Finally, an approach which requires the greatest amount of patience and is likely to generate the greatest revenues, should it happen, is to position for the move between one rate move priced and three rate moves priced, but only initiate this once a full rate move has been priced. This is the least active approach and it can and should be used in conjuncture with any of the above strategies. The other approaches allow us to keep busy in a market which might otherwise drive sane traders toward some other less desirable mental state.

You may be saying to yourself that this is a widely read report (he humbly suggests) and it is eventually posted on the web at . There is then a chance that some well financed concerns drive prices through one of these ‘one- rate-move’ pricing points to take advantage of those stepping in for a momentum trade. To that, I say it is an art and not a science. This is a great theory and I believe it will prove profitable in practice. Frankly, it already has. I would be delighted to advise those clients interested in my thoughts on the approach or besting of the aforementioned critical levels.

Below is a chart that illustrates the above:

Bullet Points:

1.) I think the next Fed move is an ease. So what! It could go either way. This is the challenge. We don’t know and neither does the Fed. Transparency is for naught.
2.) If there is to be any near-term (within 6 months) reduction in the Fed’s target rate, it is increasingly more likely to come as a result of financial market dislocation. Conversely, if a rate hike is in order, it will come from liquidity turned into inflation.
3.) A normal yield curve is a good thing. It reminds people there is greater risk to holding investments for longer than overnight.
4.) Recent wider yield spreads along the curve are not an expression of expectations for significantly stronger economic growth.
5.) Higher yielding long-term treasuries raise the bar on an array of asset classes.
6.) Credit spreads are tight because there are few remaining economically viable alternatives for excess liquidity.
7.) Private equity efforts, mergers and acquisitions and share buyback of late are illustrations of non-productive expenditures that further illustrate my sixth point.
8.) Ben Bernanke and the FOMC have done a great job thus far.
9.) They had it wrong providing all the guidance during the restrictive policy initiative unless they endeavored to create excess liquidity. Restrictive monetary policy efforts should generally be designed to curb rampant speculation, not create it.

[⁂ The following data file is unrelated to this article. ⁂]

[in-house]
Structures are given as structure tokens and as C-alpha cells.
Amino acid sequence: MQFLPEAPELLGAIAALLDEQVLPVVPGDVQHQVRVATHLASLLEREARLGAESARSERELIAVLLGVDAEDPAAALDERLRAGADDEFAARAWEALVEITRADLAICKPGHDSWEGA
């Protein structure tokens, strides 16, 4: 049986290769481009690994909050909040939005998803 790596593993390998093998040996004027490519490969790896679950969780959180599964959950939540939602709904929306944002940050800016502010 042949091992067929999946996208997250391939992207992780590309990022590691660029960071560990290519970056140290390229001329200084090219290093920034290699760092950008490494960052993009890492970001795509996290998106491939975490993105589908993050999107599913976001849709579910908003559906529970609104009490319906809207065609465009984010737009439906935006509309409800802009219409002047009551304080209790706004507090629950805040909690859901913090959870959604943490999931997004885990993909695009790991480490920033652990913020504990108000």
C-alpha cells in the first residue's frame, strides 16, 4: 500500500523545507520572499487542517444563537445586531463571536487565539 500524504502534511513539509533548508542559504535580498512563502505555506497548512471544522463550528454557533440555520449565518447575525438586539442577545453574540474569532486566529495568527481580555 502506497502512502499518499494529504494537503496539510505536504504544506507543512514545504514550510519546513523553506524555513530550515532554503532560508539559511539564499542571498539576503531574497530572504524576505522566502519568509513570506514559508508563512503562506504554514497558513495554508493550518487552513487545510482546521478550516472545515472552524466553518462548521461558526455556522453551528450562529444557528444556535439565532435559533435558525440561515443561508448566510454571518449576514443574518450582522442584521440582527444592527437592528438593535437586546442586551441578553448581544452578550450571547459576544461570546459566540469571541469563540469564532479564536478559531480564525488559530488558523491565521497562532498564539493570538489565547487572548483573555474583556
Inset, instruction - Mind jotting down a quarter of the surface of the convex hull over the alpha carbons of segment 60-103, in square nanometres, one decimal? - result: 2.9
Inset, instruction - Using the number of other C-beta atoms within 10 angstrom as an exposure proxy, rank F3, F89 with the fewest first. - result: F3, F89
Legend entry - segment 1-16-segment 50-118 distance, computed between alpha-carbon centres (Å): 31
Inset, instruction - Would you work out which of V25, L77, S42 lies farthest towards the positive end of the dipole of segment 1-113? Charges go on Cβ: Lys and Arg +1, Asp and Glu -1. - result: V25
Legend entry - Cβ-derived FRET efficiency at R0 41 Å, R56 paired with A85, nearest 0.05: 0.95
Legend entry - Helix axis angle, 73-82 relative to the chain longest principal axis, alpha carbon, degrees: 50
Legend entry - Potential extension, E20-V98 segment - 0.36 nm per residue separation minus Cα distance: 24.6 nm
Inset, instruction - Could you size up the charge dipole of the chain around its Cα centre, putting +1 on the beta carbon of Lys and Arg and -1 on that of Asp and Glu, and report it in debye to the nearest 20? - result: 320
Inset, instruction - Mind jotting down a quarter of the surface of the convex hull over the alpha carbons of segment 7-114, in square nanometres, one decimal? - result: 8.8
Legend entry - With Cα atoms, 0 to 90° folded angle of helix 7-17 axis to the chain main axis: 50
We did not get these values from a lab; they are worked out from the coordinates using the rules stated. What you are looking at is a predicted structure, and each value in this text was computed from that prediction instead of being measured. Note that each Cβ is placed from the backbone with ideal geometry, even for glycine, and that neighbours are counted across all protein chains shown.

10.) Inflation targeting is a bullet best left in the chamber. Certainly it should not be spent unless creditability is seriously damaged.
11.) Growth in Europe is not going to be enough to keep the U.S. economy near potential through exports.
12.) The consumer will continue to tire of spending beyond his means
13.) While corporate balance sheets look good and financial conditions are still supportive, corporate concerns do not come to the rescue when consumers take a break from spending.
14.) Greenspan has great timing. The longer the liquidity bubble he helped create lasts, the less he gets paid for speeches—quite likely the reason he took a consulting job at Pimco.
15.) The labor market is not as strong as suggested by the non-farm payroll numbers of the last 5 months. Time and lagged revisions will prove this out, as in ’03 reverse-wise.
16.) The definition of a ‘skilled-worker’ is one who if hired, allows the employer to fire two less-skilled workers.
17.) Mr. Bernanke spoke of a trend when he stated there had been a ‘gradual ebbing’ in core inflation. Now all we have to do is figure out how strong a trend.
17.) Jesus Saves! American consumers are eventually going to have to re-learn how to.
18.) The Fed is pleased to have a normalized curve to help with the job of curbing excess speculation.
19.) Excess liquidity is defined as an amount of liquid assets left after all economically viable investments are fully subscribed.
20.) Enough bullet points.

Current Fed Rate Expectations:

FOMC Date Funds Target Risk Assessment

June 27-28, 2007 5.25% OK Eco-Hi Infla
August 7, 2007 5.25% Slow Eco-OK Infla
September 18, 2007 5.00% Slow Eco-Low Infla
October 30-31, 2007 4.75% Slow Eco-Low Infla
December 11, 2007 4.50% Balanced
January, 2008 4.50% Balanced